Madison County commissioners were asked Sept. 27 to appoint a government liaison to help keep citizens informed about pipeline activities in the county and to develop a plan of action in the event of a pipeline catastrophe.
Jill McElheney, who heads a Madison County pipeline watchdog group that formed in 2005 — Citizens Organized for Pipeline Safety (COPS) — stood before commissioners Monday with a map of the three pipelines in the county. She spoke of past leaks and of toxic emissions and said the local government needs to look out for county citizens on pipeline matters. She noted the past problems of Colonial Pipeline, pointing out the entire line was declared unsafe in 1996. She also spoke of the Gulf oil spill disaster this year as a wake up call for communities.
“We’re pushing for the community right to know what the pipelines have done to insure that their past failures have been properly repaired,” said McElheney. “What are the current conditions of the pipelines and have they met inspection and safety standards? When was the last government pipeline inspection in Madison County? How often are they inspected?”
Between 1966 and 1979, Colonial Pipeline reported seven leaks in Madison County near its booster station just off Hwy 29 south of Danielsville. But the company never informed surrounding residents of the area of the potential contaminants in their groundwater, not until benzene, a cancer-causing contaminant was discovered in well water in 1994. Shortly after, the company purchased numerous houses from landowners who suffered contaminated well water. But residents wondered how long they had been drinking benzene-laced water.
About 10 years after the contamination was discovered, Colonial Pipeline paid approximately $1 million for a water line to be run from Madico Park at Hwy. 98 and Hwy. 172 to the affected area off Hwy. 29. Residents of the area temporarily received free water, but were later charged for the water.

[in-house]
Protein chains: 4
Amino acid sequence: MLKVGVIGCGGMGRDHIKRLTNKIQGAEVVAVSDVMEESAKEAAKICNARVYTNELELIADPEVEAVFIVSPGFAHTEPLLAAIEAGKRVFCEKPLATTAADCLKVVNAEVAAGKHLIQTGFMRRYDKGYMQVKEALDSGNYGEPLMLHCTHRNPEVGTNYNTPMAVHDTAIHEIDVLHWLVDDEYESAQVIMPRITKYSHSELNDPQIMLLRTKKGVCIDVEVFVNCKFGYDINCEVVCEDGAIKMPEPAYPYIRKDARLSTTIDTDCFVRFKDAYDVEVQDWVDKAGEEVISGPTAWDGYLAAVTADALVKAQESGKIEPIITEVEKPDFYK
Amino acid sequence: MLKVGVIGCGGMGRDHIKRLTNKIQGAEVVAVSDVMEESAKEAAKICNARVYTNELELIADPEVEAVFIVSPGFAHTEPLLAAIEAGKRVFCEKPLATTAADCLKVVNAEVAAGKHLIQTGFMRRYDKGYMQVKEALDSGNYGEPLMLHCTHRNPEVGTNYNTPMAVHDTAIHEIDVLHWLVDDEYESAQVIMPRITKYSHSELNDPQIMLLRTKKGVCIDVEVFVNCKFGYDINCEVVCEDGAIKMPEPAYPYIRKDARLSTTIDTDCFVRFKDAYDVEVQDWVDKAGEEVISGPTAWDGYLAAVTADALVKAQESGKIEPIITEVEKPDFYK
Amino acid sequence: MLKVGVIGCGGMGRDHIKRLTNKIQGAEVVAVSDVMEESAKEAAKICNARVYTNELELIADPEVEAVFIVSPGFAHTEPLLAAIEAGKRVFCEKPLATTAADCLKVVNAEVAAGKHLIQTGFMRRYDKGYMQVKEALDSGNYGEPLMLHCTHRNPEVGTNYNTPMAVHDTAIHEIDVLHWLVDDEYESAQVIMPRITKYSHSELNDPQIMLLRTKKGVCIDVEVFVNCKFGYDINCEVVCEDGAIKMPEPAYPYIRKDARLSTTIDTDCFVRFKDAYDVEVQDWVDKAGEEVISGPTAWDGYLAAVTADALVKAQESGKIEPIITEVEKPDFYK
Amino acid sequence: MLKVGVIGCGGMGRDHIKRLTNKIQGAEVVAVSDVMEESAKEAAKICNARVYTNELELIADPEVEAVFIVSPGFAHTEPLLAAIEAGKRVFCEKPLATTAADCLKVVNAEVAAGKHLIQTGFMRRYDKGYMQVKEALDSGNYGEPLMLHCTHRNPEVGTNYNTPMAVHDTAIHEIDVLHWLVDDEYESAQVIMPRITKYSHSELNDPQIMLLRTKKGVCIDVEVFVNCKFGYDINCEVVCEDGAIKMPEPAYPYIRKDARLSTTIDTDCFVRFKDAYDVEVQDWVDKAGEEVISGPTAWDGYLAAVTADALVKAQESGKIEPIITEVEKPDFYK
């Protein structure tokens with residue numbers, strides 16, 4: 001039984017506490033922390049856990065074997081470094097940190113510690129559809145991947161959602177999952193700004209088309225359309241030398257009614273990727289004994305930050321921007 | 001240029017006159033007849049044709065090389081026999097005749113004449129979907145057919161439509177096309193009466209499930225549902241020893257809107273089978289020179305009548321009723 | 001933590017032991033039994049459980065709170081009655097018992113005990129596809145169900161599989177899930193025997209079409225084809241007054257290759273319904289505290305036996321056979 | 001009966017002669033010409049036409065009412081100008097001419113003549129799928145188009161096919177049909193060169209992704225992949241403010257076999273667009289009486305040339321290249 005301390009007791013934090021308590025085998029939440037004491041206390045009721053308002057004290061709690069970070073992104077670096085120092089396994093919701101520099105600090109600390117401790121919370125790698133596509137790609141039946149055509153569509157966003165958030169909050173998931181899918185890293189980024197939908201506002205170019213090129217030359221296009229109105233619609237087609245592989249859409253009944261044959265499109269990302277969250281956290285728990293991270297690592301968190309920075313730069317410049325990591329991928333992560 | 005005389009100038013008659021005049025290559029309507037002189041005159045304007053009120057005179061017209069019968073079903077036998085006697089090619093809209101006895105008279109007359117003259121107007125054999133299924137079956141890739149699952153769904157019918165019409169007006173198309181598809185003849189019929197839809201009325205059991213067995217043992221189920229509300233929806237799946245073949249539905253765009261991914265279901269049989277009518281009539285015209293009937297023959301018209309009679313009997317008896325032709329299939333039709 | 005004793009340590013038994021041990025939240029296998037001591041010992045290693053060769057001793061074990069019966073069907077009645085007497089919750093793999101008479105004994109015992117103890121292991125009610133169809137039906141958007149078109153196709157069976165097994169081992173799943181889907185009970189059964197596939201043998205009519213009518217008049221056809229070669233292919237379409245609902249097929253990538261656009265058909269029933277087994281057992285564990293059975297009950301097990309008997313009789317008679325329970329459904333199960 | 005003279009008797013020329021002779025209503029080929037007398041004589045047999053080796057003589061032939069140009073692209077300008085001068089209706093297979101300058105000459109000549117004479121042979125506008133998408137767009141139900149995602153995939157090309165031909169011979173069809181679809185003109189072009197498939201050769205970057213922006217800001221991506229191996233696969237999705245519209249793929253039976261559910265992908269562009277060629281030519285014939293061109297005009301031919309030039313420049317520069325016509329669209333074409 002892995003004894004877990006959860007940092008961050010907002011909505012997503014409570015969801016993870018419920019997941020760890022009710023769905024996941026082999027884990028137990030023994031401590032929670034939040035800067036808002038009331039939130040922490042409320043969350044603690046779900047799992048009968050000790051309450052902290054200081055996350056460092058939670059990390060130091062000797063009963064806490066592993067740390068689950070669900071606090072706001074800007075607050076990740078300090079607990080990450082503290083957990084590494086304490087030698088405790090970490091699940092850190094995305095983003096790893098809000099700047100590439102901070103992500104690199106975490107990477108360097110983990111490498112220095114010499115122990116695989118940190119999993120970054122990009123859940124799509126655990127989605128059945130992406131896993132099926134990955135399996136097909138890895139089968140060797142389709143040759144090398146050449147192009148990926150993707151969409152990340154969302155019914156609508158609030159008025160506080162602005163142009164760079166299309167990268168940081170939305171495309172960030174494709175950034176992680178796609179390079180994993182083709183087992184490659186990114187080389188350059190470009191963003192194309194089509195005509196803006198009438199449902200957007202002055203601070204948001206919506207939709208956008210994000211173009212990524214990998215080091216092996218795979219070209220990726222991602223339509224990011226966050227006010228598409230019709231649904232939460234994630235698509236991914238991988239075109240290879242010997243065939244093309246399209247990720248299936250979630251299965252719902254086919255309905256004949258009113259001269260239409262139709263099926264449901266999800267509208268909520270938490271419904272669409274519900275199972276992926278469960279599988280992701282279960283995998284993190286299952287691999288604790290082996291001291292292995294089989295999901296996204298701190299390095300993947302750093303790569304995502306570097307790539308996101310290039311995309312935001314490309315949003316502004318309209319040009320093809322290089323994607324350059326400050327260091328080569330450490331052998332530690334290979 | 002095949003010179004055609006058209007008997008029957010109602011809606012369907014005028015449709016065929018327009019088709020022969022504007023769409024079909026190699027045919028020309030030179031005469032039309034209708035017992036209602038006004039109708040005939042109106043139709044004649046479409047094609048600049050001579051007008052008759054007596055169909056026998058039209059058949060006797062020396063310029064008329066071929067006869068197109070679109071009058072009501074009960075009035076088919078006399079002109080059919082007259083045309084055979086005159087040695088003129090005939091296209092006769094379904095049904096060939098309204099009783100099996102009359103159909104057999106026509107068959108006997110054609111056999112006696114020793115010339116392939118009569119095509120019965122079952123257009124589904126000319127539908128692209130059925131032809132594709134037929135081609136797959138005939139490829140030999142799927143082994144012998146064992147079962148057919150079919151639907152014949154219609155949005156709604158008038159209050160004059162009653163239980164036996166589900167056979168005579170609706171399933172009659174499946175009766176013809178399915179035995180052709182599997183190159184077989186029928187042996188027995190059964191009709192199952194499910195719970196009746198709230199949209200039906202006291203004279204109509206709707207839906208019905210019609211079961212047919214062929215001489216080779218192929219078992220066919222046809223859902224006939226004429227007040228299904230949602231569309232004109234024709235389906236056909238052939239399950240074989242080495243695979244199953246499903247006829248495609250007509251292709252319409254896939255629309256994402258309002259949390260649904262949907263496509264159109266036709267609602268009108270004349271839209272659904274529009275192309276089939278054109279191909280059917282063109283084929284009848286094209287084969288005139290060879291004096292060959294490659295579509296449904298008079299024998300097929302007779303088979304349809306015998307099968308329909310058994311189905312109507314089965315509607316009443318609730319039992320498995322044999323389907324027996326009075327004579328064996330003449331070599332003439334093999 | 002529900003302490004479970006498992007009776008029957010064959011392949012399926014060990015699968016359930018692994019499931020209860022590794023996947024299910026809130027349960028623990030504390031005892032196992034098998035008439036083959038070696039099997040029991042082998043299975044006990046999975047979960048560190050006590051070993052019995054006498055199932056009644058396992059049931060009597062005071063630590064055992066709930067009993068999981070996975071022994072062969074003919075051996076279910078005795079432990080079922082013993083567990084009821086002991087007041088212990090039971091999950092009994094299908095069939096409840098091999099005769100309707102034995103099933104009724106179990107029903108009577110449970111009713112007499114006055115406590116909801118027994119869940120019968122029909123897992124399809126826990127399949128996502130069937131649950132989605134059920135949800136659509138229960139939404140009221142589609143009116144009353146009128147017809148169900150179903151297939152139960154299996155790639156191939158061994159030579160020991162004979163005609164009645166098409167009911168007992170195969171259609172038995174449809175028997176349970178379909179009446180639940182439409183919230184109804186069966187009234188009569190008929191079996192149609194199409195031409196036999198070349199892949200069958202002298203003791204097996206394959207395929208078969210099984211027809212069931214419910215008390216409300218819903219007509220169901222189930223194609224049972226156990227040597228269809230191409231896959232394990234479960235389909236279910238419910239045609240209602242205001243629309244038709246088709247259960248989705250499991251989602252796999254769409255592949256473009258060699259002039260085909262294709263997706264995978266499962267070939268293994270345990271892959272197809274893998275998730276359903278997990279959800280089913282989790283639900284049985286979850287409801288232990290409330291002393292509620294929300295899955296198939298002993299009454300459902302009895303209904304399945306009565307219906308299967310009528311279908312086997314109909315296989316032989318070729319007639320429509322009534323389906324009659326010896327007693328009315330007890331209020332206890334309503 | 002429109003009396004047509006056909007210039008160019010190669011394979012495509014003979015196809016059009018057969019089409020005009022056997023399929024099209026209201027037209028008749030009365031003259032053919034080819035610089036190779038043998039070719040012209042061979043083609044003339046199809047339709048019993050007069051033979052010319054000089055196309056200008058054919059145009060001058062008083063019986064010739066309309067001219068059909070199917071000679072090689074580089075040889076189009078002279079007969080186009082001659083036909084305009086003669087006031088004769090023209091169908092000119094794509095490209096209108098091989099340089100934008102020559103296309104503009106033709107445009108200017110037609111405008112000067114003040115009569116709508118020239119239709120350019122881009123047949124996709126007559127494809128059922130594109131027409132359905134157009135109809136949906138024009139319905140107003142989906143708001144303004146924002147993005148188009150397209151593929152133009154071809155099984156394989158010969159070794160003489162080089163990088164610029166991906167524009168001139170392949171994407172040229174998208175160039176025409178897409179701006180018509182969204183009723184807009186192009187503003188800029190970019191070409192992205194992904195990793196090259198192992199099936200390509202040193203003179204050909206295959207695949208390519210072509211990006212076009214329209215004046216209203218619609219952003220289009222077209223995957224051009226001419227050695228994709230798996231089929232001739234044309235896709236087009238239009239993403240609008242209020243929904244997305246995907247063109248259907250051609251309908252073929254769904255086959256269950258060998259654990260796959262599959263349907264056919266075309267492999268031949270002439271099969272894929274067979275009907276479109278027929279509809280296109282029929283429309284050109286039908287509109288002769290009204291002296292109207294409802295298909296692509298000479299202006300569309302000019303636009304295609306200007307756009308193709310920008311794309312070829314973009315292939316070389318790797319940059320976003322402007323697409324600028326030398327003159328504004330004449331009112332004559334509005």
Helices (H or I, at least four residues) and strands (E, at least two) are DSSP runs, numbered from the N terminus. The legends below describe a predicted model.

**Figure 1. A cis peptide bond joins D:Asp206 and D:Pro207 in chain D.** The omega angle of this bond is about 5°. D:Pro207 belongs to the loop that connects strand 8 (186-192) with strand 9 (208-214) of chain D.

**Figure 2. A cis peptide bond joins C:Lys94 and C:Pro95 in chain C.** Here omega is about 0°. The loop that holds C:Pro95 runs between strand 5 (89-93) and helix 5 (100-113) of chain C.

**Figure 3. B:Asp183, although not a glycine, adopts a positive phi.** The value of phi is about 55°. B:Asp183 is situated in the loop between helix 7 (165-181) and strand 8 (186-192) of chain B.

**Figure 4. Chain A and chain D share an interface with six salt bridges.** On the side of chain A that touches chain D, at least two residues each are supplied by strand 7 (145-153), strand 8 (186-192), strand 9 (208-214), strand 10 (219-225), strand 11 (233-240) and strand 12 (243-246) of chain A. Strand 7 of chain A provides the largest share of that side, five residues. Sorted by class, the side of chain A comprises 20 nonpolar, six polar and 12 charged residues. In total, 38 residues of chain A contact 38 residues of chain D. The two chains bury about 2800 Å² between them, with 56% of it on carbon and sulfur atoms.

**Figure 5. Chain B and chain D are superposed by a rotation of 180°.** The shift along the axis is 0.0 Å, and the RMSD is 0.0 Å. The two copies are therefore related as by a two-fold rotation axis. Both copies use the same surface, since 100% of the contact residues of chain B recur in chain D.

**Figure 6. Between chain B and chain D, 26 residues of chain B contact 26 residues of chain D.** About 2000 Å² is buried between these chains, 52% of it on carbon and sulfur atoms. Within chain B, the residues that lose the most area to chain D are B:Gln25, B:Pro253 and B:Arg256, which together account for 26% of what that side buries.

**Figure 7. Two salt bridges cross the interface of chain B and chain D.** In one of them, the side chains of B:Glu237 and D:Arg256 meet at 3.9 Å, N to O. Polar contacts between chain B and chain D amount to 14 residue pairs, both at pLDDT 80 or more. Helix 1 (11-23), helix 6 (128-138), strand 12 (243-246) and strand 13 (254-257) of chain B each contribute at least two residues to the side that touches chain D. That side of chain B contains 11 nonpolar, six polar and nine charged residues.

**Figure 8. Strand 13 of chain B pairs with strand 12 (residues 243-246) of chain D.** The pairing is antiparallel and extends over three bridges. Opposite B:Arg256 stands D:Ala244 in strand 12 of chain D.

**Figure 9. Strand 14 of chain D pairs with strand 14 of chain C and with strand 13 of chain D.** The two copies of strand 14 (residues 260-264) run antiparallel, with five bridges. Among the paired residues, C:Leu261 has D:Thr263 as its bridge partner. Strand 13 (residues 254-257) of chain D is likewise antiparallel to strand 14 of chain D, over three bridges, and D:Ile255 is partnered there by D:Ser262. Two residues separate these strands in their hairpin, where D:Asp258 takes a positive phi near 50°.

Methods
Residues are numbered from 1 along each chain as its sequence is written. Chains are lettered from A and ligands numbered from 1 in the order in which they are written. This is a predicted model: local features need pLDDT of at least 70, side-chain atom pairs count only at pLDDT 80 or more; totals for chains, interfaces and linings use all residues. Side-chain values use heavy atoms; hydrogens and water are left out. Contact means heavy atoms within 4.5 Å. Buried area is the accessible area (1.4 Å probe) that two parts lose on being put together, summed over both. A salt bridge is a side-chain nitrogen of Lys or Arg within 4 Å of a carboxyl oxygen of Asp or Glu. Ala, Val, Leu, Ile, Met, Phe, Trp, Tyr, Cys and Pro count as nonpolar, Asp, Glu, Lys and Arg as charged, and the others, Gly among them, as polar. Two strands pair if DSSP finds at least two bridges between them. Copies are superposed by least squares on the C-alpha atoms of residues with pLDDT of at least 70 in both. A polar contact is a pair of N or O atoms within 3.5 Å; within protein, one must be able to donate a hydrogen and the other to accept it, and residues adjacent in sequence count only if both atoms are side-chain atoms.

McElheney also noted that Plantation Pipeline had a major spill in 2003 at its booster station on Hwy. 106, but the spill was not widely known until well after it happened. She pointed out that government environmental records regarding industry emissions have shown that Williams Transco emits 185 tons of formaldehyde into the air each year.
“You see from the summer of 2010, light was shed on darkness on a national scale,” said McElheney. “… You elected leaders have been trusted to protect the health, safety and welfare and your oath of office, we believe you can put a better system in motion by appointing a pipeline safety liaison who will be the point person on all things pipeline in the county. The liaison would provide and avenue of communication to those whose lives, livelihood and property are influenced by these pipeline operations.”
McElheney also asked that the county establish a Local Emergency Planning Committee (LEPC) for Madison County to ensure “in the event of a catastrophic pipeline failure that you will be prepared.”
Madison County commissioners took no vote on McElheney’s proposal Monday, nor did they schedule any future meetings on the issue. Commissioner Bruce Scogin noted that pipelines are troublesome because the federal and state governments generally rely on those companies to police themselves. Commissioners asked McElheney to e-mail them a copy of her presentation.